Cyanobacteria blooms have plagued western waters for a number of years, Each year agencies such as the Washington Department of Health close lakes because of the presences of the toxins these algae species produce. This year this trend has started early, for example the 73 acre lake in Anderson Lake State Park was posted as closed two weeks ago in early May. Generally this happens later in the year.
The strategies many groups use are reactive, treating algae blooms with EPA registered algaecides. Phoslock is a proactive strategy. This technology was developed by the Australian National Science Academy and has been used commercially throughout the world since 2000. The material is made up of two rare earth elements and is applied to the lake surface. As the material settles through the water column it binds and sequesters free reactive phosphorus. As it reaches the lake bottom, it forms a blanket a few millimeters thick that continues to grab and sequester phosphorus that mobilizes from the lake sediments. The phosphorus and Ploslock actually form a new compound that is insoluble and this technology deactivates phosphorus forever. Removing phosphorus reduces the carrying capacity of a lake to produce problem algae blooms. These single celled organisms need to obtain the nutrients they need from the water column. In addition. blue green algae or cyanobacteria thrive in waters with a high N to P ratio, removing phosphorus shifts the competitive advantage back toward beneficial green algae species and away from toxin producing blue-greens.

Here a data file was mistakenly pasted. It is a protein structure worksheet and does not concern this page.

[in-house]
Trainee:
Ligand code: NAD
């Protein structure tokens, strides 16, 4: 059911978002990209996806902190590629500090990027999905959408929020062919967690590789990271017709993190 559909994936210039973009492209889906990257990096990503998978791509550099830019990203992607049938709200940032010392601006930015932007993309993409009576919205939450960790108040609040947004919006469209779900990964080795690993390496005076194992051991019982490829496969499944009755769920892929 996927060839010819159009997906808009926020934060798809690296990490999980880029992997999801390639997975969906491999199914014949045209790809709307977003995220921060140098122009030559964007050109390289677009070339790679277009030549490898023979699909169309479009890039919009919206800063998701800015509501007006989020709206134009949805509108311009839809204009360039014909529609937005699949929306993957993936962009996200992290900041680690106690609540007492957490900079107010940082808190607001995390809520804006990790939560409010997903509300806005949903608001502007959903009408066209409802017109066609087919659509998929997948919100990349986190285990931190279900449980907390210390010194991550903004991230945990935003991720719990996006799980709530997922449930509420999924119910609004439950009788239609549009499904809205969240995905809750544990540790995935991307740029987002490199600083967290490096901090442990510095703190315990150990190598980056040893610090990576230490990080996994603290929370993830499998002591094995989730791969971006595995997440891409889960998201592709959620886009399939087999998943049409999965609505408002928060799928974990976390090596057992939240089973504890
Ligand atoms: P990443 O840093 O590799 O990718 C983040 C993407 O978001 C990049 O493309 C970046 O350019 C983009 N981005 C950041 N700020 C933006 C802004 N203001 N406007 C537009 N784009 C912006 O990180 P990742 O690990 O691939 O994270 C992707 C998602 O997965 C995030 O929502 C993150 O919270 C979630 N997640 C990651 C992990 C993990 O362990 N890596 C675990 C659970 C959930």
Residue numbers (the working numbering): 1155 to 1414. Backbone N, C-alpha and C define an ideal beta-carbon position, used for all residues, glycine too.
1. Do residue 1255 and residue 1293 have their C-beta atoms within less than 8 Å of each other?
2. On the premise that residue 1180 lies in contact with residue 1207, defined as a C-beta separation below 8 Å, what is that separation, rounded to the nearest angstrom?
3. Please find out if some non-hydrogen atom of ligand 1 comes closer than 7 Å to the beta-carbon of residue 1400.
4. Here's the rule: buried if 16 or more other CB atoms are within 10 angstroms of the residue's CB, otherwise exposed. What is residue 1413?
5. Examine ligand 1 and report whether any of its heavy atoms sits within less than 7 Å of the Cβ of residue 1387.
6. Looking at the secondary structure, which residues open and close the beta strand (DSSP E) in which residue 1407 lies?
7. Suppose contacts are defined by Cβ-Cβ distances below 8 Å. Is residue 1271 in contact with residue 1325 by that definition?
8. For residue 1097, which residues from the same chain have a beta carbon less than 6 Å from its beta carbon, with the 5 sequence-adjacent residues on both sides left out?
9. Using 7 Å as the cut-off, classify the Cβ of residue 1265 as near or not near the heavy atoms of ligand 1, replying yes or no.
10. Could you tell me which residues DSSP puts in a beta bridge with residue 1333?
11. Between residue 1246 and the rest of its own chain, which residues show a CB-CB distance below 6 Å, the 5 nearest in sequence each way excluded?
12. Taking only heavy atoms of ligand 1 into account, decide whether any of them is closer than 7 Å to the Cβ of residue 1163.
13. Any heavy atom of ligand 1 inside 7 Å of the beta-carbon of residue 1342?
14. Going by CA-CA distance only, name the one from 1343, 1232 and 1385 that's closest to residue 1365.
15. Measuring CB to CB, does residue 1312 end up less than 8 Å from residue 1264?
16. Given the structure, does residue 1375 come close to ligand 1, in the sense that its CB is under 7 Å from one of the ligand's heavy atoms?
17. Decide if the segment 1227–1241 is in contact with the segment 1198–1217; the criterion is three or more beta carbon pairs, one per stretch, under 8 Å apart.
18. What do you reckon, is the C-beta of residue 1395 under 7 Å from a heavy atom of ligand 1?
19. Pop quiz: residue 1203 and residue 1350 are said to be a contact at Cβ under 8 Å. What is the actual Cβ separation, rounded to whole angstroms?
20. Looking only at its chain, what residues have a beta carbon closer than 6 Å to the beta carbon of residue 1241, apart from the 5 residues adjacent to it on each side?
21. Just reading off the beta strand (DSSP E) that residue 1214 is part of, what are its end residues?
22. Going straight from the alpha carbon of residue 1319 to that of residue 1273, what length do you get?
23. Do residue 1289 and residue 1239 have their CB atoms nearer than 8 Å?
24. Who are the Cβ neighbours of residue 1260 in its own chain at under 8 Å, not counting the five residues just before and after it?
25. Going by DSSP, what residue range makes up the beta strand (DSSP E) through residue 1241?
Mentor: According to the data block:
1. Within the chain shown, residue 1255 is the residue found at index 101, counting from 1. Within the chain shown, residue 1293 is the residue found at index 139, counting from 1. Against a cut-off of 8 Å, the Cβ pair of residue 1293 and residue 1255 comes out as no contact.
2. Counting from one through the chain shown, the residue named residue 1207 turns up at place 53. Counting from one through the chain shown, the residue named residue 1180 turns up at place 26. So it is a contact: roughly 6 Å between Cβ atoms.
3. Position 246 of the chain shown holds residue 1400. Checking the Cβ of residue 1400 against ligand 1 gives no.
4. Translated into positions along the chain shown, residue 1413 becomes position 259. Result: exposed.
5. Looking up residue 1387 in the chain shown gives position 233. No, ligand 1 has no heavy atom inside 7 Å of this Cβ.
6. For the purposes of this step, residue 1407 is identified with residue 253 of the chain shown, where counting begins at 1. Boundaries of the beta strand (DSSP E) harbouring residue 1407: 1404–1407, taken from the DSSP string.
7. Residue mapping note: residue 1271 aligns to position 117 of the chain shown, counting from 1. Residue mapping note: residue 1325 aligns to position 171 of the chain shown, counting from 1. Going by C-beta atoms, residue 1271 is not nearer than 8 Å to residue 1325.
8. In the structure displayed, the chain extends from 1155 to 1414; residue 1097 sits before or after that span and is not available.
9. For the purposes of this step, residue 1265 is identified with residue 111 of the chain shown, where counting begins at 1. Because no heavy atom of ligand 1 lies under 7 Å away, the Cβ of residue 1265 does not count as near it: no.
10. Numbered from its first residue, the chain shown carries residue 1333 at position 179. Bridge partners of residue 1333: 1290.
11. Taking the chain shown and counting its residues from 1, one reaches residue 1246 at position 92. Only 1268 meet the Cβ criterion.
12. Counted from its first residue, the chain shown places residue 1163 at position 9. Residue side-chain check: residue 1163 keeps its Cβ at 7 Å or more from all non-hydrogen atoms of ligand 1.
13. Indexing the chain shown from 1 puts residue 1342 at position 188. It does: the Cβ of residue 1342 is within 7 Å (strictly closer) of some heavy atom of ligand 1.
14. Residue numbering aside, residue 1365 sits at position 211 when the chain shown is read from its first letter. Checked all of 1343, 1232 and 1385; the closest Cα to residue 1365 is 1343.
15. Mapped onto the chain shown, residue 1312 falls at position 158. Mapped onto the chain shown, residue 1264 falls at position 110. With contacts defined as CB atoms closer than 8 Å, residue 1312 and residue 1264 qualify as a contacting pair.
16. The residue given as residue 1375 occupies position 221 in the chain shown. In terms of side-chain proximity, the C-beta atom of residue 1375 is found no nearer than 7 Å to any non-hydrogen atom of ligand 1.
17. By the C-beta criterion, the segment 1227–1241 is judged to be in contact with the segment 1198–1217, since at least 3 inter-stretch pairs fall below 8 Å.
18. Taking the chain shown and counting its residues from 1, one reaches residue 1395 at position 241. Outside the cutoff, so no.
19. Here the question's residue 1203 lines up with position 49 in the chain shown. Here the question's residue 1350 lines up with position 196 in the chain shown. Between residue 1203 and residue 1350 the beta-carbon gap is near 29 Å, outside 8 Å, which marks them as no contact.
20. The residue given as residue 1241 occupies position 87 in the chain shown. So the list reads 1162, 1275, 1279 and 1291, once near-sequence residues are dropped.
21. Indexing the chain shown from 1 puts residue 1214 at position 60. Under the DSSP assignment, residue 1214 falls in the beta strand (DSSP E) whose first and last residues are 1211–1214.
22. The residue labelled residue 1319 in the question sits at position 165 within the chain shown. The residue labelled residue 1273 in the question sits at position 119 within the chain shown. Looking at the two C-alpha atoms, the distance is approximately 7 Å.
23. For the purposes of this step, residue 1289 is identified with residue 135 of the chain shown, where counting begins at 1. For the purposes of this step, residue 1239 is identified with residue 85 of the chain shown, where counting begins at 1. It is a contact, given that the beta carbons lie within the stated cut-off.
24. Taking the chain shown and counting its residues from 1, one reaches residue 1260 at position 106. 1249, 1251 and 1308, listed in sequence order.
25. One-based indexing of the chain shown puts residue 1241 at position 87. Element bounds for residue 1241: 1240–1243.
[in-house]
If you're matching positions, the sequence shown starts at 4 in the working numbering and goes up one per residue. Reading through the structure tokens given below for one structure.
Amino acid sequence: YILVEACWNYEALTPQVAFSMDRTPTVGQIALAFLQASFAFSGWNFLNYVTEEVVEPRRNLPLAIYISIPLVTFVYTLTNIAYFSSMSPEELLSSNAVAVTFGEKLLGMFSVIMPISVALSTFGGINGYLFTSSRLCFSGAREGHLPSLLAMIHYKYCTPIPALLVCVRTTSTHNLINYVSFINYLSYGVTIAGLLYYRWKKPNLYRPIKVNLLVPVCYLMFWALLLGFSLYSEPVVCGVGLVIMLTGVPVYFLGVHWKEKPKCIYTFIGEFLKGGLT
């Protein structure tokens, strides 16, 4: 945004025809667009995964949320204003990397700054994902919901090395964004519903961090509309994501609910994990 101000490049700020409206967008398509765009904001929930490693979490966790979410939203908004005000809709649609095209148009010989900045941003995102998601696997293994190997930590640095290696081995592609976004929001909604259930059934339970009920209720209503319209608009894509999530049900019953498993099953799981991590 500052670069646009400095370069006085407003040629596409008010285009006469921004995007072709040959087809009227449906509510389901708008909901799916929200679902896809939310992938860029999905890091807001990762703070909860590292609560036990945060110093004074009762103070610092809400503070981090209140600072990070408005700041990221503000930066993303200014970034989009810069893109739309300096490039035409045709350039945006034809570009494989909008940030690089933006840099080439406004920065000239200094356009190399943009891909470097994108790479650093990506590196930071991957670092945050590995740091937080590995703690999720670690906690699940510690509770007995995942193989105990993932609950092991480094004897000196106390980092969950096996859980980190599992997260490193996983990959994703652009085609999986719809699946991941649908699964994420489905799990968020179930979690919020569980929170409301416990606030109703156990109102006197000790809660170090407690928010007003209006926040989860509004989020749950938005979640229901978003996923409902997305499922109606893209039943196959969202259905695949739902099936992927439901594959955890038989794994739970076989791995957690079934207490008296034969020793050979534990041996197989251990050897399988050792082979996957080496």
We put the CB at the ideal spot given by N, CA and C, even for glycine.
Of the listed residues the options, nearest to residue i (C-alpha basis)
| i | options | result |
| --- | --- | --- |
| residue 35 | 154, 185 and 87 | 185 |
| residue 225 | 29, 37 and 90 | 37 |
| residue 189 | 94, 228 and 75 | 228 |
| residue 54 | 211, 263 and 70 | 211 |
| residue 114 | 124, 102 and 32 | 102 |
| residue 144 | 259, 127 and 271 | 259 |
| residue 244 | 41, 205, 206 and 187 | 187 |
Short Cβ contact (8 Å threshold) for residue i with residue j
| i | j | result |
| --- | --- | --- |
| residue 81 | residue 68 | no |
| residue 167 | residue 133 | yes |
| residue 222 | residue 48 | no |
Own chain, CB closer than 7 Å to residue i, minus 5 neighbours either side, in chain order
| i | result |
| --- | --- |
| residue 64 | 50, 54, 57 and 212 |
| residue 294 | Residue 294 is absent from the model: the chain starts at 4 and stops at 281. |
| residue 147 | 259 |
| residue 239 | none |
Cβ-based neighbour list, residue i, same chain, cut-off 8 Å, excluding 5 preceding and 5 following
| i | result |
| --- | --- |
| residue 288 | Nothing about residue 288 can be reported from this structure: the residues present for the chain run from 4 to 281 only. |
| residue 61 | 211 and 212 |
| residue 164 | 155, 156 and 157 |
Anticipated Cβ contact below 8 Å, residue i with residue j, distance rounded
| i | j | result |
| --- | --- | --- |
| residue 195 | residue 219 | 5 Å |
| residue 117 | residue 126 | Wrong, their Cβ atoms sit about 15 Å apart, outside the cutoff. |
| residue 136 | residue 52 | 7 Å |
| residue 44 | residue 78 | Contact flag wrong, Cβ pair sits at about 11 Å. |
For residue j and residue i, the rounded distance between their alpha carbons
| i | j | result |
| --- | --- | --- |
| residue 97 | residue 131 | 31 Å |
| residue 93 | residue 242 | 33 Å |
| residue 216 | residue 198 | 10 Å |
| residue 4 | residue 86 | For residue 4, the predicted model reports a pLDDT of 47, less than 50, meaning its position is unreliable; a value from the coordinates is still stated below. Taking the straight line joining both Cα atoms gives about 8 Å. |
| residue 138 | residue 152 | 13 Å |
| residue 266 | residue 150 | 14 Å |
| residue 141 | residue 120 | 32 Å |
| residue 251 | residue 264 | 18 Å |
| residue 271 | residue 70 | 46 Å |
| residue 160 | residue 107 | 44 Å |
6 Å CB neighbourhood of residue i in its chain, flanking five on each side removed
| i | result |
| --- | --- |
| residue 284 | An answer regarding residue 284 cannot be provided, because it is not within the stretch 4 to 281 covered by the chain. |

In many Western States, toxic algae blooms are prevalent. Washington State’s Department of Ecology has completed the first permit to apply this material to waters of the state. Aquatechnex biologists applied for this permit to support one of our clients in suburban Seattle. This lake system receives stormwater from the surrounding watershed and has been degrading each year because of high phosphorus levels. The application will be made in the coming weeks and we will post updates as this happens.